Author John Wigger has a new book out titled PTL: The Rise and Fall of Jim and Tammy Faye Bakker’s Evangelical Empire.
From the lengthy review published by Christianity Today:
Drawing on a wide range of interviews, newspaper reports, and court documents, Wigger expertly documents the larger-than-life transgressions that eventually brought the Bakkers and PTL tumbling down. Where to begin a summary accounting? Perhaps with the sex? Jim Bakker’s December 1980 encounter with a young woman named Jessica Hahn in a Florida hotel room—one which she describes to this day as non-consensual, though she prefers not to call it rape—would prove central to his and PTL’s undoing.
But as Wigger shows, it was just the tip of the iceberg. Throughout Bakker’s time at the helm of PTL he had sex with at least six of his male employees. These, too, were exploitative relationships, in which Bakker deployed the power of his position to secure others’ silence. Tammy Faye was not abusive, but may well have had dalliances of her own, including with the musician Gary Paxton. While the two denied any sexual involvement, many in PTL’s inner circles assumed they had an affair.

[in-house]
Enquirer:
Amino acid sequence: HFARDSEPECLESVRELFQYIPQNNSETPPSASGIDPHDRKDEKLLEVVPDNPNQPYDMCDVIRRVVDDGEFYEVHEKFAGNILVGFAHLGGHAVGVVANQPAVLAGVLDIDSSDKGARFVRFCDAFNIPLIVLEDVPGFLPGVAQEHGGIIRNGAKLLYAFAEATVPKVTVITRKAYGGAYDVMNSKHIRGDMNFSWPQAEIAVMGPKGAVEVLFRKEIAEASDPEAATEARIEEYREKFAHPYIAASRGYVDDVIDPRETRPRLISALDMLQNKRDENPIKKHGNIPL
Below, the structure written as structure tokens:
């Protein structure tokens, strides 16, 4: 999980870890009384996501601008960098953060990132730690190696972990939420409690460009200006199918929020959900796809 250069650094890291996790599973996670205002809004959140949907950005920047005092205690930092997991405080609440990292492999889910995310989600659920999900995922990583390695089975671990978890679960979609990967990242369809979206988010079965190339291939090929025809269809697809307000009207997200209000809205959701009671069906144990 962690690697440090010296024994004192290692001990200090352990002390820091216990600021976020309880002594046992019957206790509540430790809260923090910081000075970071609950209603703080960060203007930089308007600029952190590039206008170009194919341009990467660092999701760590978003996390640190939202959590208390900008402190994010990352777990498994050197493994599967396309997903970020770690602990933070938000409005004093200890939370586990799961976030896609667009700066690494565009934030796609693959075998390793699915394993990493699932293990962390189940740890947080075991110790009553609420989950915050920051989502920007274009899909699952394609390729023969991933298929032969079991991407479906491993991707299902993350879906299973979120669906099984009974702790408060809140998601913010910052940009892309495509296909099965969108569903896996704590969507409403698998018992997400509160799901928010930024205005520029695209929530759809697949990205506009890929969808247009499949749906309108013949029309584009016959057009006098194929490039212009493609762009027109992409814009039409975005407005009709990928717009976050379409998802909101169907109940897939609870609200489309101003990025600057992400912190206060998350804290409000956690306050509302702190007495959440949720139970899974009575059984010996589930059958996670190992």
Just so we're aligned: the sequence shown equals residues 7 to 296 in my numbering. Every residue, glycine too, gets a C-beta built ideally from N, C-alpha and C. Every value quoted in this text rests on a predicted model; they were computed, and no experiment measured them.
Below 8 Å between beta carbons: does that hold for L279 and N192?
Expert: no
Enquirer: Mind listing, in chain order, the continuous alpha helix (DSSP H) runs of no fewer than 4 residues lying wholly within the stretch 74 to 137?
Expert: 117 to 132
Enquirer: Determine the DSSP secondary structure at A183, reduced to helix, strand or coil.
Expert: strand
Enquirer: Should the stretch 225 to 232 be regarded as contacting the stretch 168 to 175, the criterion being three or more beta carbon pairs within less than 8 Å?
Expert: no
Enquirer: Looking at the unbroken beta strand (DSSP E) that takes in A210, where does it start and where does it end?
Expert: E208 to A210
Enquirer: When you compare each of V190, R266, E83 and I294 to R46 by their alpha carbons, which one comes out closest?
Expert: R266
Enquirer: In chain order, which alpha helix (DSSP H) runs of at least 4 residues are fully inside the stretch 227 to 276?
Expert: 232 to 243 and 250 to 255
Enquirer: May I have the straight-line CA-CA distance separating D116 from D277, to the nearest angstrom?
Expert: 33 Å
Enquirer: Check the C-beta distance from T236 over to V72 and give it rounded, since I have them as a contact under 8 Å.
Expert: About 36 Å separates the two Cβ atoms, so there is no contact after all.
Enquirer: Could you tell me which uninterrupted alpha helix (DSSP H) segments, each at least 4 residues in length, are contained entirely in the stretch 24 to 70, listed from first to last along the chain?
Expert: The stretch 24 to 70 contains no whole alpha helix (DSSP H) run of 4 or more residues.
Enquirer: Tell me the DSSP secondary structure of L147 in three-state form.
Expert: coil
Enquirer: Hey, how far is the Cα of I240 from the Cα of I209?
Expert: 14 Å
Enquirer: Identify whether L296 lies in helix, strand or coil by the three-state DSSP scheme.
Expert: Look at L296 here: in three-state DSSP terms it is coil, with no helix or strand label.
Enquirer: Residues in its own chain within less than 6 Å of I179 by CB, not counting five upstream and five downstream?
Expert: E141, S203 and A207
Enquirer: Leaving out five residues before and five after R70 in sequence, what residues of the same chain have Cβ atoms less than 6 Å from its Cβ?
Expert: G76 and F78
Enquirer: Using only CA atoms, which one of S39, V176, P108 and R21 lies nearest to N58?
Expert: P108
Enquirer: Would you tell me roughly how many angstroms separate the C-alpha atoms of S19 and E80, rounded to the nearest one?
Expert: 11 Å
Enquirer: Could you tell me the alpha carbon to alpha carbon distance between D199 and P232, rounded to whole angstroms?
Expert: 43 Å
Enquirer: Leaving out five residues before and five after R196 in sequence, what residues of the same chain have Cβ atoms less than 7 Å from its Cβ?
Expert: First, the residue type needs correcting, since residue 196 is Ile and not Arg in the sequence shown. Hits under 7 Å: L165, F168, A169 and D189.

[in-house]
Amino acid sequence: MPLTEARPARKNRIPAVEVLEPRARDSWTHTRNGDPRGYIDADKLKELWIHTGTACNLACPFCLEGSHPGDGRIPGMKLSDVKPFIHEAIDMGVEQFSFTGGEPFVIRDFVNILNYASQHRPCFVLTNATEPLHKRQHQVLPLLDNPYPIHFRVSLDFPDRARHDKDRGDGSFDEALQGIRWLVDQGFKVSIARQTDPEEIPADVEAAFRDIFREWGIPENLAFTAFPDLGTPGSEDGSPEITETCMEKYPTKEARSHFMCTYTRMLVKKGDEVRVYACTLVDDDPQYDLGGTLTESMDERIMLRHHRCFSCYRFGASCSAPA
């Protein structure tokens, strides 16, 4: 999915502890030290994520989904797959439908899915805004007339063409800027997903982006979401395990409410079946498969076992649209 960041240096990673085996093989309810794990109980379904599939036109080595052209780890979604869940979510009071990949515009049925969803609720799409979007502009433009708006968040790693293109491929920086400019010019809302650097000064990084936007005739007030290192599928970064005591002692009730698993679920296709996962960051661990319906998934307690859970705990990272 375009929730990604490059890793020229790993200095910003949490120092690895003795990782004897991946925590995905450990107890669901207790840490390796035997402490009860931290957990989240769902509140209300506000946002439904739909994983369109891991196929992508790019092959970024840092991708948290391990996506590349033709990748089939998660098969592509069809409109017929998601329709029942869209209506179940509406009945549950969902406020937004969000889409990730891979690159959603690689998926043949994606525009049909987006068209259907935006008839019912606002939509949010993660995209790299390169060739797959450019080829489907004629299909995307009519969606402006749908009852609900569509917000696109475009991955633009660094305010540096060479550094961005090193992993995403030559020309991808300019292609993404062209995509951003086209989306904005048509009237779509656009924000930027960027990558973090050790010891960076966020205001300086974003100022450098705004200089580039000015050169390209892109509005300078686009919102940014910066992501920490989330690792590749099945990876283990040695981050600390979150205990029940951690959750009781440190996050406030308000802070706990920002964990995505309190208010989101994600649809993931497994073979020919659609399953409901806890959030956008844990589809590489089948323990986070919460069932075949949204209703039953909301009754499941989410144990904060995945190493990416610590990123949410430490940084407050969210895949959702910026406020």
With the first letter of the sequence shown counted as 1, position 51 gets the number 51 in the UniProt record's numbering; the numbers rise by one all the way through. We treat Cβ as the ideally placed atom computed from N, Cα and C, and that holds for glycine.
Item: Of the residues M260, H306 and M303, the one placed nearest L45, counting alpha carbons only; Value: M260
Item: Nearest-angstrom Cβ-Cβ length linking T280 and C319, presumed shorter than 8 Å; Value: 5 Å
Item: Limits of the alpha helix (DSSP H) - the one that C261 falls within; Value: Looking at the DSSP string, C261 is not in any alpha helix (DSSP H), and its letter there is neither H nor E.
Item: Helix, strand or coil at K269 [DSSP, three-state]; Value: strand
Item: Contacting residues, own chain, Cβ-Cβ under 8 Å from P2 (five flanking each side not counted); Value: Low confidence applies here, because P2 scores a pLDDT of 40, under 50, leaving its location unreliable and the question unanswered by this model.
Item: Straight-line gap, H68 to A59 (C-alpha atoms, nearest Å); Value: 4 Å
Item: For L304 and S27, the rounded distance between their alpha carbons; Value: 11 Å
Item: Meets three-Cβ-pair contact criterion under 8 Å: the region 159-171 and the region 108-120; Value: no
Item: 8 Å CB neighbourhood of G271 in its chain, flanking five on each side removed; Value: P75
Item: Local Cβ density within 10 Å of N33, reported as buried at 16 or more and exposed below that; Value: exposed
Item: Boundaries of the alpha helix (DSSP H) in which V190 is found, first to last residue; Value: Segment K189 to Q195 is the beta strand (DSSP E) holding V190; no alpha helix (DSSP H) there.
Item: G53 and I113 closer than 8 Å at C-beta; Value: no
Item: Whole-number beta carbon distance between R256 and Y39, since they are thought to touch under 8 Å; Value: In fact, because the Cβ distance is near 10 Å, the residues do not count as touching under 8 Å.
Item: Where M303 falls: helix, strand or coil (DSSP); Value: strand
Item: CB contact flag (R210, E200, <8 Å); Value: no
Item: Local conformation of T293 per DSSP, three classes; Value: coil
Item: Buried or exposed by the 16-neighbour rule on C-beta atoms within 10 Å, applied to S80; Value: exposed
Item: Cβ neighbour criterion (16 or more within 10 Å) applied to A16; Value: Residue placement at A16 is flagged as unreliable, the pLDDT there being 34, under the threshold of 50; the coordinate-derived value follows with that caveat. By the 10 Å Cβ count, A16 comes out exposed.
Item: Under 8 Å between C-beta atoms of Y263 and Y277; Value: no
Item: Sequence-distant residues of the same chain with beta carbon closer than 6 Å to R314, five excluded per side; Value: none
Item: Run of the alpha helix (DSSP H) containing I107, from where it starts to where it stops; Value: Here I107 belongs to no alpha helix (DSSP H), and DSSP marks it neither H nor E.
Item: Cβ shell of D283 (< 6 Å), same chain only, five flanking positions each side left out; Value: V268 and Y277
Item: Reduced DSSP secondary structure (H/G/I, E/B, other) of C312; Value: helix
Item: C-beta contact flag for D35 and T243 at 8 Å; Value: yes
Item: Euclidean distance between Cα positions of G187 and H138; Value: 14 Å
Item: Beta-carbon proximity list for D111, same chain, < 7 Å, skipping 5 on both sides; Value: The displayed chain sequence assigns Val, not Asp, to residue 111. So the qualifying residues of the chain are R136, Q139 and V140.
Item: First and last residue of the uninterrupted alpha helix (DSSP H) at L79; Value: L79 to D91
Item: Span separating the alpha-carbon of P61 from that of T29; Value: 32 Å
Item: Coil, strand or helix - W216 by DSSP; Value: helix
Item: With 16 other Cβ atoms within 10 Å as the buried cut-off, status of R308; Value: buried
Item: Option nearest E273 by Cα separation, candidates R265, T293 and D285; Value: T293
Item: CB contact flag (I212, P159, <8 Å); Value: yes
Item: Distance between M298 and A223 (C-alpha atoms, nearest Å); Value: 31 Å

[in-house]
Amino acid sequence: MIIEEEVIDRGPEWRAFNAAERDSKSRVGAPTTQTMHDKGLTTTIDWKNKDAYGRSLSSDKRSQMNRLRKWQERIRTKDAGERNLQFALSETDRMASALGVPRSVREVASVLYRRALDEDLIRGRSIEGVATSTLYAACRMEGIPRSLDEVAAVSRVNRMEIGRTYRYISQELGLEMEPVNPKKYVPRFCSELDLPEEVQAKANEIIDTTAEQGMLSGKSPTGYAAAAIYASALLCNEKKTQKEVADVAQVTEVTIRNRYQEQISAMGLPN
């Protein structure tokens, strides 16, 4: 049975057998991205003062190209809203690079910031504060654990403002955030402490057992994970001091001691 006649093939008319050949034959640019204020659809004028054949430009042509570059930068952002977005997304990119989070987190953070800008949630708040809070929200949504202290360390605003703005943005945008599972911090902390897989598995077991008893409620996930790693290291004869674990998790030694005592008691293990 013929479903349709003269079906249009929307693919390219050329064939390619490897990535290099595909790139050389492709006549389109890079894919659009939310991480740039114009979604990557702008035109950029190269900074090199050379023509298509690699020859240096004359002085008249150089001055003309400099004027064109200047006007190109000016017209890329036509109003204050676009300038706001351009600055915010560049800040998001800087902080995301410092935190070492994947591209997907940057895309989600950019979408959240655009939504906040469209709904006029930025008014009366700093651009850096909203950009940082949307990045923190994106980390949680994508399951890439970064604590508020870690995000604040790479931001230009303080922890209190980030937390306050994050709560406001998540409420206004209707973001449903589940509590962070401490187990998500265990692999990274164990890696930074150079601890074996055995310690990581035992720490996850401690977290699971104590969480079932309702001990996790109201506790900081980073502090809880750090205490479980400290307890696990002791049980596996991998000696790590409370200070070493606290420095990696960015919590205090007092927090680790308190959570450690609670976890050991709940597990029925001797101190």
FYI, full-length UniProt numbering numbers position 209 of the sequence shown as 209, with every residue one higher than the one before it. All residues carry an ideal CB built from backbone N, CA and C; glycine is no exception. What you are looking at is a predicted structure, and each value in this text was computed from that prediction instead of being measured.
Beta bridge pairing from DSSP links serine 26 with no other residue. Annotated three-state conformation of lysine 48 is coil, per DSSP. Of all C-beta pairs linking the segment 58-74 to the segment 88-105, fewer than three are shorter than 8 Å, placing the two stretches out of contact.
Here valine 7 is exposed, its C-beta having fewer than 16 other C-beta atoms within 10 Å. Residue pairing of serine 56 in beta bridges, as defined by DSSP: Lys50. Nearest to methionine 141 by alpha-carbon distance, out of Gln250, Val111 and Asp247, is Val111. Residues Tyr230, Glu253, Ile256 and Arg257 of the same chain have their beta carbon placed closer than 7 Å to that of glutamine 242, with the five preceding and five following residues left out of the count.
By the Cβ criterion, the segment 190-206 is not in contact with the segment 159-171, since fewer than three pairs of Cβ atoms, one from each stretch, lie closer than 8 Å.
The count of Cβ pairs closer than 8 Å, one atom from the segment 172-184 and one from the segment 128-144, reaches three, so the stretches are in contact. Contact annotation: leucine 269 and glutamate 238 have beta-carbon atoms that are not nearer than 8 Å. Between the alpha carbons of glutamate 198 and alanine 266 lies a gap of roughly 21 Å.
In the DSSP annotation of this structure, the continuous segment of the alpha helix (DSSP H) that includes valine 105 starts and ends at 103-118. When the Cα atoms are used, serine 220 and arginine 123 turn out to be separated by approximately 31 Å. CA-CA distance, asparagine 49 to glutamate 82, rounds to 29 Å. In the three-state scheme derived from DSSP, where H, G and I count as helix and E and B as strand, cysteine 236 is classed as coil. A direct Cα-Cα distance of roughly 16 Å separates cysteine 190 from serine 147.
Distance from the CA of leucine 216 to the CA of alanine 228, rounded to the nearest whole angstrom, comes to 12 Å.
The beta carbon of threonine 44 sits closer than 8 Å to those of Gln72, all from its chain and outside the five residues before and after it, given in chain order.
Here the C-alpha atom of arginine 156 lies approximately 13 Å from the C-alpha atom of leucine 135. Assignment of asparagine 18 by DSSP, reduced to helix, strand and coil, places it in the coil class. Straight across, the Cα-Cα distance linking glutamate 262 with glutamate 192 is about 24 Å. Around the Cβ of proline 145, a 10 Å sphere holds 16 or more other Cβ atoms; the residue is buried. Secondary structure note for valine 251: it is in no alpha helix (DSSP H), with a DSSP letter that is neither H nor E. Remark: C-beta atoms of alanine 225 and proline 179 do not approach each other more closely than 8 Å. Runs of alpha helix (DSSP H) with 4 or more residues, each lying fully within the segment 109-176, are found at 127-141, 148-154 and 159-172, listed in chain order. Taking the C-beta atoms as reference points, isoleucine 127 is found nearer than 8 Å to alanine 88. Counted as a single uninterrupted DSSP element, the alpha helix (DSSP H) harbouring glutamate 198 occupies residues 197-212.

Both the sex and the greed drove jaw-dropping levels of deceit. Jim went to extreme lengths to cover up the Jessica Hahn affair, a decision that fit into a much larger pattern of illicit lies. The Bakkers’ meteoric rise to Christian celebrity status was made possible by the faith and generosity of countless ordinary believers, who tuned into PTL’s television programs and donated to its telethons. Jim and Tammy Faye violated their trust early and often.